The Seanad Brexit Committee has called for a relaxation of EU fiscal rules to allow the Government to step in to support the businesses and industries worst affected by Brexit.

Senators published a report which contains over 100 recommendations on how to address the problems associated with Brexit

Senator Michelle Mulherin said the Government had to be allowed to "create more fiscal space" by seeking a derogation from the EU from fiscal rules in order to support small and medium enterprises.

Senator Ged Nash said a unique case could be made to adapt EU fiscal rules.

"The €2.6 billion that is currently available won't be sufficient to 'Brexit proof' the economy" he said.

The committee has also warned that flights will be cancelled and millions of euro will be lost in the aviation industry unless a new Open Skies aviation deal is negotiated next year.

Committee chairman Senator Neale Richmond said "quite frankly this would be a disaster for the airline industry, flights would be cancelled, millions would be lost, we need to get this agreement sorted as a priority".

The committee also called for greater urgency in fast tracking the establishment of the so called 'Celtic Interconnector' between Ireland and France.

"We can no longer rely on the UK for energy supply, the Celtic Interconnector would provide greater security around the energy area after Brexit" said Senator Richmond.

Mr Richmond believes that there are five key recommendations which should be put in place as a priority. These include:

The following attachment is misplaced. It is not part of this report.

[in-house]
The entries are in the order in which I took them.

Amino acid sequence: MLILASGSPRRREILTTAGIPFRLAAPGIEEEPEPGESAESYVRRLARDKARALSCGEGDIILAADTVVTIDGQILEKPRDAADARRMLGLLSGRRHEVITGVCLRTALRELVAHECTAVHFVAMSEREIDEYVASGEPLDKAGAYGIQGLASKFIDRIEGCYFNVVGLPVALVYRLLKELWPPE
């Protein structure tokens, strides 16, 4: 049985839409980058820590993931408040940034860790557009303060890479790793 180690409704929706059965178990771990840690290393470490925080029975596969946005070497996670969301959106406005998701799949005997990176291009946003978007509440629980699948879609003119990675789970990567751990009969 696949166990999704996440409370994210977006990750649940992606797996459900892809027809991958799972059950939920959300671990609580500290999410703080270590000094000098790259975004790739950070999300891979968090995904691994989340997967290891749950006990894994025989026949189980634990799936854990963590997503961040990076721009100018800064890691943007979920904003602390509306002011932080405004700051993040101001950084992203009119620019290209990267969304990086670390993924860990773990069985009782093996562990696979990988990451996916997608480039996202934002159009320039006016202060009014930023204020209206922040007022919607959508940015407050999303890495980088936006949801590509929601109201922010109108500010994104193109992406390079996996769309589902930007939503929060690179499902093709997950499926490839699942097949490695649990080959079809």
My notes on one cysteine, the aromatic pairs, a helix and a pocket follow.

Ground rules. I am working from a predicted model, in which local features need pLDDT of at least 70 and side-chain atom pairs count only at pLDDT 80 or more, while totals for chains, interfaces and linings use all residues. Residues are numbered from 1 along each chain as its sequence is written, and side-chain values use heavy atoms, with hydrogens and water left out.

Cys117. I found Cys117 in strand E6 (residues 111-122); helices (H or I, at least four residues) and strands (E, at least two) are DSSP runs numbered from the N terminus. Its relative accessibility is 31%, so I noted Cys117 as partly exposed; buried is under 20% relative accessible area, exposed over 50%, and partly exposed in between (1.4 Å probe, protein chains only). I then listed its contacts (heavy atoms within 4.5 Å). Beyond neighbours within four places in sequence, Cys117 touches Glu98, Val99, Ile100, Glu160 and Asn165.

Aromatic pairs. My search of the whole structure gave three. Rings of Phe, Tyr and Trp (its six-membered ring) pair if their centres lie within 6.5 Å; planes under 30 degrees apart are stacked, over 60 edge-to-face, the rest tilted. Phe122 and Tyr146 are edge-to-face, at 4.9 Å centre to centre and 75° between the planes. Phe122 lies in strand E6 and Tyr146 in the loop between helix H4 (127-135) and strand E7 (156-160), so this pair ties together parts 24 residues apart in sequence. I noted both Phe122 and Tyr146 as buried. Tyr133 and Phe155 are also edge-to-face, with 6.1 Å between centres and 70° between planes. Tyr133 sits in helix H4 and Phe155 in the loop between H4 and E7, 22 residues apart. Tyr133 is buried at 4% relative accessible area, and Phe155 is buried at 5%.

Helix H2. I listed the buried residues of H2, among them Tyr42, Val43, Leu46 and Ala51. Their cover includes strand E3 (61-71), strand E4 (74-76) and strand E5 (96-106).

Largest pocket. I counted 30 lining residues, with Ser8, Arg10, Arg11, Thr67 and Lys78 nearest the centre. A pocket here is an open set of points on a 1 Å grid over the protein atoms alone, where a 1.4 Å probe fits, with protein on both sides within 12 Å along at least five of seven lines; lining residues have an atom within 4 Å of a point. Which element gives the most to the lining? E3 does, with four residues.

• An EU-UK-US open skies agreement: Separate EU-UK and US-UK Open Skies Agreements will need to be agreed to replace the current EU-US Open Skies arrangements, to which the UK will no longer be a party, a new agreement is needed before spring 2018.
  • German Model for all-island trade: Using the example of a trade arrangement between East and West Germany before its reunification in 1990 and referenced in the Treaty of Rome; under the 'German model' trade on the island of Ireland would be considered as all-island trade and within the one economy.
  • Anglo-Irish relations: Though no bilateral negotiations are permitted with regard to Brexit, both the British Irish Council and the British Irish Parliamentary Assembly can be expanded and used as tools to allow for this both formally and informally.
  • Movement of Goods: A pre-clearance model for goods may function as part of a solution, whereby trucks and drivers can pass through the UK land-bridge without incurring duties or checks.
  • Energy supply: In the event of a hard Brexit, the most obvious solution is the completion of the Celtic Interconnector between Ireland and France, which would reduce Ireland's reliance on the UK.

The committee's report will be sent to all Government departments, all member state governments, the European Commission, the European Parliament, and the European Council.